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Re: The new Social Contract and releasing Sarge

On Thu, Apr 29, 2004 at 11:19:10PM +0200, Jeroen van Wolffelaar wrote:
> I do not consider it very strange if for practical reasons some
> agreements are not followed up to the letter -- that is done all over
> the world. Example: According to Dutch law, it is forbidden to posess
> any drugs (Opiumwet Artikel 2C&3C). For practical reasons however,
> individuals who posess small amounts of soft-drugs are not prosecuted,
> it is even official state policy to not do so.
> I actually agree with that policy, and this is a government having a
> policy to not abide by its own laws.

Sure. That's what making policy exceptions is about. This isn't a case
of that though; it's not a mere law were choosing to enforce selectively
or to leave unenforced, it's an amendment to our foundational documents.

I don't know much Dutch history, but afaics, it'd be the equivalent of
the US choosing to ignore the first amendment immediately after enacting
it because it was more convenient to be able to lock up folks as soon as
they said something vaguely in support of Communism, rather than having
to wait 'til they actually do something treasonous, eg.
> Abiding the SC is a duty of the whole project, not just of Release
> Manager. 

So why does the whole project seem shocked and appalled that I'm actually
trying to abide by it?

> Both not fixing a SC-compliance issue in a certain package in
> unstable today and releasing Sarge with such a package is IMHO a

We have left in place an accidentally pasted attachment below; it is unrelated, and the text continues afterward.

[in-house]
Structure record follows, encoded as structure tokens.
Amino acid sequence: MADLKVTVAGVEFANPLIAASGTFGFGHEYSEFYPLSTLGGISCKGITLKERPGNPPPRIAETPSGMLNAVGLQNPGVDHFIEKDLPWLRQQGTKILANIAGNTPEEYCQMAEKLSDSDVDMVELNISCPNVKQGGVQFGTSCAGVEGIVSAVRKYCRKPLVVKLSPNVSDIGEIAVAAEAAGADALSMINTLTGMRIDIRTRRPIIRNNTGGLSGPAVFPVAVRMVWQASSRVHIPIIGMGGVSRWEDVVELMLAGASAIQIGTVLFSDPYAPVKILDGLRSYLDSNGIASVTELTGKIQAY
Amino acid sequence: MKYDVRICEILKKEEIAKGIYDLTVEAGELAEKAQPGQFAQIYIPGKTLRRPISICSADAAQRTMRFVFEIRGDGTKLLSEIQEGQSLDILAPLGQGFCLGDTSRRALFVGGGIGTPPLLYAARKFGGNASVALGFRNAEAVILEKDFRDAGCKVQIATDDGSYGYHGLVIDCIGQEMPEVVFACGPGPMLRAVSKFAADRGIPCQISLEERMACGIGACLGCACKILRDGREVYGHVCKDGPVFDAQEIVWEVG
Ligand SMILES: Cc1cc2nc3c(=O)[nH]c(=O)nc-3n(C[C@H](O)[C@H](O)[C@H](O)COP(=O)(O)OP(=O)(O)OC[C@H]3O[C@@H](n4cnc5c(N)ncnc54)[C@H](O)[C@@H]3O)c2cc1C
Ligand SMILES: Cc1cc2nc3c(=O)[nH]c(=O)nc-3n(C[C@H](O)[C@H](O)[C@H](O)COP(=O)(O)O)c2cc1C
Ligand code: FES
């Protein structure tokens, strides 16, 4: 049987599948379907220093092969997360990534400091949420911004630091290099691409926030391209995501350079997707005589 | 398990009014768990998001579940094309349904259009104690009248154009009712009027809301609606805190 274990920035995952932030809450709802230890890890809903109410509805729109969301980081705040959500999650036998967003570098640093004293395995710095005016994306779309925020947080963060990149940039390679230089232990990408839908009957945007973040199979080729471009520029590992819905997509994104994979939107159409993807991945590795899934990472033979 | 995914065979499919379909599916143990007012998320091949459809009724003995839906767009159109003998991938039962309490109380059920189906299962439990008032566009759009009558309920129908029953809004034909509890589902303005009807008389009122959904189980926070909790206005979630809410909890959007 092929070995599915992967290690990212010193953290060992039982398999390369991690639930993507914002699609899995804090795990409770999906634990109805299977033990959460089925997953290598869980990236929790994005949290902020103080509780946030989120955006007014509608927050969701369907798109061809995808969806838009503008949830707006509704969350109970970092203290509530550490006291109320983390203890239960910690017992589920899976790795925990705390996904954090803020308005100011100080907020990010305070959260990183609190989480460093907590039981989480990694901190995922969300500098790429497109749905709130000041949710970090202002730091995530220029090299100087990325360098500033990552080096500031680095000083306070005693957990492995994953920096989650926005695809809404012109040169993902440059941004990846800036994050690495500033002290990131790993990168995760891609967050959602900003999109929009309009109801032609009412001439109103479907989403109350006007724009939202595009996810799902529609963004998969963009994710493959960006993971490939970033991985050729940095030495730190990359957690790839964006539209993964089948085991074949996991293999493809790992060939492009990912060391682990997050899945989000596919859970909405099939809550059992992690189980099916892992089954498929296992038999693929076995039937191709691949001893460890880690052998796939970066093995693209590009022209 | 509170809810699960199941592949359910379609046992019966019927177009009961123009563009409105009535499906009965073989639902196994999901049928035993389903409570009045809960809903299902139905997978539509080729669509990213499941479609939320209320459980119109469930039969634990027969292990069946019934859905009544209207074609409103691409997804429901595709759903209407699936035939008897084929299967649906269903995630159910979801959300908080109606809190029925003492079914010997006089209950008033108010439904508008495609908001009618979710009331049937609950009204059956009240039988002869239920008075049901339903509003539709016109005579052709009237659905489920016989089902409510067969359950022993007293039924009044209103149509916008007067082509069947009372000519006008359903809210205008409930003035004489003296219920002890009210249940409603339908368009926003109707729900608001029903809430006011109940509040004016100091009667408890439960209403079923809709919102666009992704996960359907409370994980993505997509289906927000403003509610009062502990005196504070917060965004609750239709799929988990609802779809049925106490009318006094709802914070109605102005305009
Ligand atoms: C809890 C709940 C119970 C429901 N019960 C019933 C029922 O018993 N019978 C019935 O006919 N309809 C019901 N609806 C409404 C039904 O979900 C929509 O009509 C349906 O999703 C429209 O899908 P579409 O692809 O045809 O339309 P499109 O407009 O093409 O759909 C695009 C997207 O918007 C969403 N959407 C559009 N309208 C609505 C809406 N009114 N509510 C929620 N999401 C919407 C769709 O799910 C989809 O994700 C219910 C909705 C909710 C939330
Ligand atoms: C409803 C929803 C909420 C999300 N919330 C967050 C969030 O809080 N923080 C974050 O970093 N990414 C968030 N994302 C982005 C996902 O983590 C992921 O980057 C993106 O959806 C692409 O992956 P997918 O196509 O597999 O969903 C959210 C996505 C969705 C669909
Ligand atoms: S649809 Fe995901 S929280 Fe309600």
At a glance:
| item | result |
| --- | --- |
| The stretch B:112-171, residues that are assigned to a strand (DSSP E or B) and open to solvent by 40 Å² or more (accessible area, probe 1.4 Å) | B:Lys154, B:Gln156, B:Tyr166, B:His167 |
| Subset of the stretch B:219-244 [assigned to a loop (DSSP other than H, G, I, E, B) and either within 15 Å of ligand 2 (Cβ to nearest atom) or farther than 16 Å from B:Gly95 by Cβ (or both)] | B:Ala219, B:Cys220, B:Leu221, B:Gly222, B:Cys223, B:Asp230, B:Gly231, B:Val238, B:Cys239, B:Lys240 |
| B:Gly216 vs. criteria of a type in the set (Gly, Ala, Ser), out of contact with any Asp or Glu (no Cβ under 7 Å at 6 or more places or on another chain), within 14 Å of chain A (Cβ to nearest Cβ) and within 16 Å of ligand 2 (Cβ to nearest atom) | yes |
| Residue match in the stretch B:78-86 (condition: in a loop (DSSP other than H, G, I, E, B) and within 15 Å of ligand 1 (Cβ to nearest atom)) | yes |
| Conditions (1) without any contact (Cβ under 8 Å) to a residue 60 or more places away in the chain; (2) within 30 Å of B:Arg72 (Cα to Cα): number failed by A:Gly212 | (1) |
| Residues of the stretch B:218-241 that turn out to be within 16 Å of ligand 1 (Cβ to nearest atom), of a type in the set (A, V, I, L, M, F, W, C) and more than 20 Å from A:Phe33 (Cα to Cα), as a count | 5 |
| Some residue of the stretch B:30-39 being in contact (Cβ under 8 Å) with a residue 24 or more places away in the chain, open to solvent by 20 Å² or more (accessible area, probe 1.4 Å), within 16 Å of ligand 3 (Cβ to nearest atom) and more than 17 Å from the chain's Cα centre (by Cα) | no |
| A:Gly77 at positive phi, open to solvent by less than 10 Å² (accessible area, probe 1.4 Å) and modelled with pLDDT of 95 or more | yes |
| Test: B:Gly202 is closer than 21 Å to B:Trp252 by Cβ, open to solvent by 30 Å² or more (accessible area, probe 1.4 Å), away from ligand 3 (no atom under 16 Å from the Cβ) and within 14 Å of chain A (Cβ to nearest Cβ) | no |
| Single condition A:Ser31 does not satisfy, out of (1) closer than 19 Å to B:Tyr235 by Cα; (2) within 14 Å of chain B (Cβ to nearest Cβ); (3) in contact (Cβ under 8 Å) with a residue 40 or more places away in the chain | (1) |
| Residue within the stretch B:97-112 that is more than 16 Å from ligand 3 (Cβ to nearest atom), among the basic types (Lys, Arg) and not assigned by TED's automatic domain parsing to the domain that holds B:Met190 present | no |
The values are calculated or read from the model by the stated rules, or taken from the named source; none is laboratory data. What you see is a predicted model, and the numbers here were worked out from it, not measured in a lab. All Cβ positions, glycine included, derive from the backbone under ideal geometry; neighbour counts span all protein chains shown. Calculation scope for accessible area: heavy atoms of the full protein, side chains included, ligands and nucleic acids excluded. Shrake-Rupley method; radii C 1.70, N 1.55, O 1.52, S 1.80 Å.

> violation of the Social Contract. It should be fixed by the members of
> the project, but it is not a death-sin if that doesn't happen today.

Well, that's good, because it's not going to happen today -- it's a lot
of work.

It's not really a question of whether it's a mortal sin to take the time
to do it, it's a question of whether it's in any way appropriate to put
other priorities -- namely getting other RC bugs fixed, working on d-i,
etc -- above the commitment we're making in the various first point of
our social contract.

I can't see how we could do that without making a mockery of our social

> I apologize for suggesting this untrue thing.
> About the offensiveness, see above: I don't think it would be abject if
> it were actually the case, we seem to disagree on that. I'm sorry but
> I cannot do much about the fact that you feel offended by being ascribed
> my interpretation of your actions (the interpretation of which I now
> know is false).

Huh? Of course you can do stuff about the fact I feel offended: you can
apologise for things you say that are untrue, and not say them in future.

> [1] Slightly refers to border-line cases here, I would not have found
> 	it acceptible if the RM knowingly excused the inclusion of f.e.
> 	ArcView in main

The general policy is that licenses which have been previously considered
free, but which are then investigated more thoroughly and discovered
to have some problems, continue to get treated as free until we've had
a chance to see if the upstream author was aware of the problem and is
willing to fix it. If the problem is able to be fixed, it gets fixed in
the next update; if it's definitely not able to be fixed, it's moved
to non-free when that's found out. This applies in the case of the
SGI/xfree86 copyright issues, eg.

I believe that's the appropriate way of ensuring main stays 100% free;
and it's been Debian policy in practice for as long as I've been a member
of the project. Obviously, if the project thinks that is a violation
of the social contract, we'll need to work out some way of adequately
dealing with that too.


Anthony Towns <aj@humbug.org.au> <http://azure.humbug.org.au/~aj/>
Don't assume I speak for anyone but myself. GPG signed mail preferred.

Protect Open Source in Australia from over-reaching changes to IP law
http://www.petitiononline.com/auftaip/ & http://www.linux.org.au/fta/

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